The Barbary, Covent Garden

The Barbary Blogger Review

As the eldest of 3 children, I’m well placed to know that the ones who paved the way are often overlooked in favour of their younger siblings. The Palomar, which has been blazing the trail for its sister restaurant The Barbary since 2014, has been on my food list for months and so should technically have taken priority. However, like parents with a soft spot for their last born, my desire to be dazzled by the new overtook my curiosity for the original, which is how I found myself weaving my way through the Saturday strollers in Covent Garden, out in force to celebrate Spotlight on Seven Dials, a one-day music, art and comedy festival.

The Barbary Blogger Review

The Barbary Blogger Review

The Barbary Blogger Review

I dashed past graffiti-covered windows, street art installations and TV presenter George Lamb before ducking into Neal’s Yard to join my sister in the queue. As it was 2.45pm, the queue thankfully started and ended with us, but this being a 24-seater venue with a no-reservations policy, expect to nurse a few drinks if you visit during peak times. During our 10-minute wait, we eagerly ogled the dishes inspired by the traditional cuisines of the Barbary Coast (North Africa down to Egypt) and devised by ex-Palomar chef Eyal Jagermann.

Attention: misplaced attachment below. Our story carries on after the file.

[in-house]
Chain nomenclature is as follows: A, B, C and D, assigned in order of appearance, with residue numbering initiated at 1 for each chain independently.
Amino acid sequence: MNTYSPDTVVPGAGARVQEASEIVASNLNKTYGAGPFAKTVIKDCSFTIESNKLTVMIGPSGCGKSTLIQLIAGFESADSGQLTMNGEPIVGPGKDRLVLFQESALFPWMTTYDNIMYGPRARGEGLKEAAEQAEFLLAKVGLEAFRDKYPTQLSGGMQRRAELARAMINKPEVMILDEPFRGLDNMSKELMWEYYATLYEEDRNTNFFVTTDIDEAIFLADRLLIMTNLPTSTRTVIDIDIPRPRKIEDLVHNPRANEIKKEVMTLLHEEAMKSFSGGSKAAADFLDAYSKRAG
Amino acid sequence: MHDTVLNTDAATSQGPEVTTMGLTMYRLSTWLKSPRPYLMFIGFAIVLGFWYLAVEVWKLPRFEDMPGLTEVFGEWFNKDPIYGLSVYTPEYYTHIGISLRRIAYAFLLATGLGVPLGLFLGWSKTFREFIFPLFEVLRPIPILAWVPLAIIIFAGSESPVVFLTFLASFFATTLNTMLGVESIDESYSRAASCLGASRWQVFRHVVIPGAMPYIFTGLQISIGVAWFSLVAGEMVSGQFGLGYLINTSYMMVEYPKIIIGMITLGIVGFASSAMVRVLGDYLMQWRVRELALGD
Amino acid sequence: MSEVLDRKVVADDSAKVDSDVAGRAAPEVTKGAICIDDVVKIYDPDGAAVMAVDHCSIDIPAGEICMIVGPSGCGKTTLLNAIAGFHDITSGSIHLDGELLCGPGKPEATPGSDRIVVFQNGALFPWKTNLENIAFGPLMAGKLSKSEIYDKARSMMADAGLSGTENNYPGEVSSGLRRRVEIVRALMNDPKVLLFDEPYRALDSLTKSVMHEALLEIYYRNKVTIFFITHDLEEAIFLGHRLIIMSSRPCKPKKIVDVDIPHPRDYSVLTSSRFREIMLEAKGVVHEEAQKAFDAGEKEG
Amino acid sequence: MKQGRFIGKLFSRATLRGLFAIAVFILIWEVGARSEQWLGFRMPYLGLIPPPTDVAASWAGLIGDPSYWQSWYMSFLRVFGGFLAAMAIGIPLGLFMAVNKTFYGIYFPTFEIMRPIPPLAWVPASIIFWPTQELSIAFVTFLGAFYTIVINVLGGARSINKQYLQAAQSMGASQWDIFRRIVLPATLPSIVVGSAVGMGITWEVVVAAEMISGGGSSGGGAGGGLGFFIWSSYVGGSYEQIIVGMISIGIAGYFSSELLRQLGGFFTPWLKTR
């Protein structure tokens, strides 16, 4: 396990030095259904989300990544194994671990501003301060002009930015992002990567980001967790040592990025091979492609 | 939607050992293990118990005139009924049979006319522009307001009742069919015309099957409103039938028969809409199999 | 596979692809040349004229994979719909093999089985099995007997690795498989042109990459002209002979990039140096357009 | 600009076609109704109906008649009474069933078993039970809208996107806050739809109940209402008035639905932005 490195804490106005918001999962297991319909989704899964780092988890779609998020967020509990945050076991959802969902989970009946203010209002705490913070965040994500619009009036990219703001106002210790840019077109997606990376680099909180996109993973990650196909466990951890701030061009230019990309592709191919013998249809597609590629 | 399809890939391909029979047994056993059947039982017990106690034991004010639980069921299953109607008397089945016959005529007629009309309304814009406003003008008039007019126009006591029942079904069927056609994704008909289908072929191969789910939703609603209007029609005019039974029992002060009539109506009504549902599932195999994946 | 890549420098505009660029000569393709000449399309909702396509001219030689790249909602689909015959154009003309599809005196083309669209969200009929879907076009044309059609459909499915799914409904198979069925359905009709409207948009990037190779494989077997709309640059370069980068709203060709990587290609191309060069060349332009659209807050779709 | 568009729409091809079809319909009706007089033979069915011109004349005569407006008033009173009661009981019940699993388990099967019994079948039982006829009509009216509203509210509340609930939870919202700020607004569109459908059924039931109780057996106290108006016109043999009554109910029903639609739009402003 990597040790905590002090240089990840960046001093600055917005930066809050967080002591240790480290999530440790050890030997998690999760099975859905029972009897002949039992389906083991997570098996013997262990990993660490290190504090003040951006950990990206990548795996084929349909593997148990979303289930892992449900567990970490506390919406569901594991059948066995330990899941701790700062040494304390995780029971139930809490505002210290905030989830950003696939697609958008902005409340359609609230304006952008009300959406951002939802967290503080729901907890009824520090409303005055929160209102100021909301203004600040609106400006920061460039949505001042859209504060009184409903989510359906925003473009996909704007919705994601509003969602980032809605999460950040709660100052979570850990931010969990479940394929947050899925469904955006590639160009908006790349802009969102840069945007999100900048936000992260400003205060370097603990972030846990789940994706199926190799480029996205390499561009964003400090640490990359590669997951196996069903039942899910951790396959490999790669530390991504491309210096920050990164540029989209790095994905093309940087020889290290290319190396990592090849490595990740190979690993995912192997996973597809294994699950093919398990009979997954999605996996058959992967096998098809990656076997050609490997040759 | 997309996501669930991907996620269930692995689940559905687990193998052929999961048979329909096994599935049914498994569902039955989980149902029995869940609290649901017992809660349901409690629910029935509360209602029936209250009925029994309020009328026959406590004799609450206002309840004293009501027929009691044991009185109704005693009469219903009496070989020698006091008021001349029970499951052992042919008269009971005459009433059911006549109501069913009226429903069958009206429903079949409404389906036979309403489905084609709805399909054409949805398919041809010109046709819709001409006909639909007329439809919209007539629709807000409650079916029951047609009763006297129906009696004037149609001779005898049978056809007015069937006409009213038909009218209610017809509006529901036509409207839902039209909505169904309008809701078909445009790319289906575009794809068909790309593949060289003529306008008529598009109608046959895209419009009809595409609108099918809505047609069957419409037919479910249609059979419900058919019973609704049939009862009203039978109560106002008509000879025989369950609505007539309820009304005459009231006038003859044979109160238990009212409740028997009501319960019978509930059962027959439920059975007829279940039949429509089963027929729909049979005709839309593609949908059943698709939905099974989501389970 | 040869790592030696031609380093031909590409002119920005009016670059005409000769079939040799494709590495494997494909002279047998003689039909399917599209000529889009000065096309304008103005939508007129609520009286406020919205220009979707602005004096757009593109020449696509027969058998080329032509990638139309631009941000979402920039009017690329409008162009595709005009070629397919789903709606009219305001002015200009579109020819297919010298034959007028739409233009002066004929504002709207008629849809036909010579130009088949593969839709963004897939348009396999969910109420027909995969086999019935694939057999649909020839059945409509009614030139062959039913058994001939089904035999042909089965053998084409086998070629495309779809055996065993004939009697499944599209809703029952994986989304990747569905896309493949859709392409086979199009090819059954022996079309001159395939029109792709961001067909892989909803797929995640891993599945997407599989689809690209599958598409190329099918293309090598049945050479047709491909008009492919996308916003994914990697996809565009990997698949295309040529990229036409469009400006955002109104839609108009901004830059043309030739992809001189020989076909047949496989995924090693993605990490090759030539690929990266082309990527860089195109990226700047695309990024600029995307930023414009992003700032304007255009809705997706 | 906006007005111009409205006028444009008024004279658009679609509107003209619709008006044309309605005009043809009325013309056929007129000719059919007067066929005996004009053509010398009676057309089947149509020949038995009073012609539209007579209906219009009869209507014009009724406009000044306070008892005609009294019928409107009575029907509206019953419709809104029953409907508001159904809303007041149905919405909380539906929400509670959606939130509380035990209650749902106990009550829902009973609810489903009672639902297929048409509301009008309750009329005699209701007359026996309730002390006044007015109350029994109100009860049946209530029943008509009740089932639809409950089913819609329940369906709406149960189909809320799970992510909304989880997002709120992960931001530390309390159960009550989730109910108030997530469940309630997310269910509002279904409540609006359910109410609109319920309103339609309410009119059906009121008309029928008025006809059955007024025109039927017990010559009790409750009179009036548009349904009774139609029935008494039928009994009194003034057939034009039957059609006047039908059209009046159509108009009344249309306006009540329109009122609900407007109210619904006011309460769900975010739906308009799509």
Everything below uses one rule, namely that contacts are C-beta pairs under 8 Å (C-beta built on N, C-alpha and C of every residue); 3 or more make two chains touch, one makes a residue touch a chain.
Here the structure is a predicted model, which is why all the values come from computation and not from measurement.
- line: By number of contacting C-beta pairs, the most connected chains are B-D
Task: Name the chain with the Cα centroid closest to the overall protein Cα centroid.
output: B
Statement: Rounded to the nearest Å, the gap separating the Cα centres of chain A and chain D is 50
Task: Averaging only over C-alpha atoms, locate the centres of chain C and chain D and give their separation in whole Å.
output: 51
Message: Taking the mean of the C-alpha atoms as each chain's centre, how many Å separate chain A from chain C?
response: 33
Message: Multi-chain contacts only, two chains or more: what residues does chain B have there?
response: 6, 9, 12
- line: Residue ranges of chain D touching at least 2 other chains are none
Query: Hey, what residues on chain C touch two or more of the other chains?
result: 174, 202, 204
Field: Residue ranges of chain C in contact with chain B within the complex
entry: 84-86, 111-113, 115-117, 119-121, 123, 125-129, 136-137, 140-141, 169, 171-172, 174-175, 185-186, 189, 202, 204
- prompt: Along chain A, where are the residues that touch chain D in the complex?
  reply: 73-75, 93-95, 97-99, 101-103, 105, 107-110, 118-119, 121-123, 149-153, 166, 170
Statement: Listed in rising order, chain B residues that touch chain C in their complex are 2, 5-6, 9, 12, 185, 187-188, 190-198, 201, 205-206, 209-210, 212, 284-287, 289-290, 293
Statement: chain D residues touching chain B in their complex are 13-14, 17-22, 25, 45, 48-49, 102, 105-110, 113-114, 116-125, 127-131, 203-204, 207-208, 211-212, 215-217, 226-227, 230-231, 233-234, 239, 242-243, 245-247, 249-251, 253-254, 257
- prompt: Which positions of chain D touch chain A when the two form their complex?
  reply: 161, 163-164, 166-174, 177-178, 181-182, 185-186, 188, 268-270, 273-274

The Barbary Blogger Review

Ambiance and decor: 24 stools are dotted around a horseshoe-shaped counter surrounding the open kitchen. Save for the teal-tinted neon sign on the back wall, the colour palate and lighting are very muted, pulling all eyes and ears to the buzzing focal point in the heart of this small room. The kitchen is smaller still, and watching the chefs and wait staff deftly navigate this tiny space without losing their patience, or the contents of their plates on their way to their final destination, is comparable to the intricate movements of a mechanical clock. Less subtle is the soundtrack, which is upbeat, loud and unapologetic.

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Service: If you’re in for a long wait, you’ll be very happy to see a snacks menu coming your way, and there’s a counter running alongside one of the walls to lean on while you devour them. The hosts give you a short summary of what to expect (small portions, sharing plates and no set format) then leave you to salivate as you take in the delightful sights, smells and sounds emanating from this solitary island (if you’re waiting outside, your nostrils may pick up some pungent odours from the famous cheese shop around the corner instead).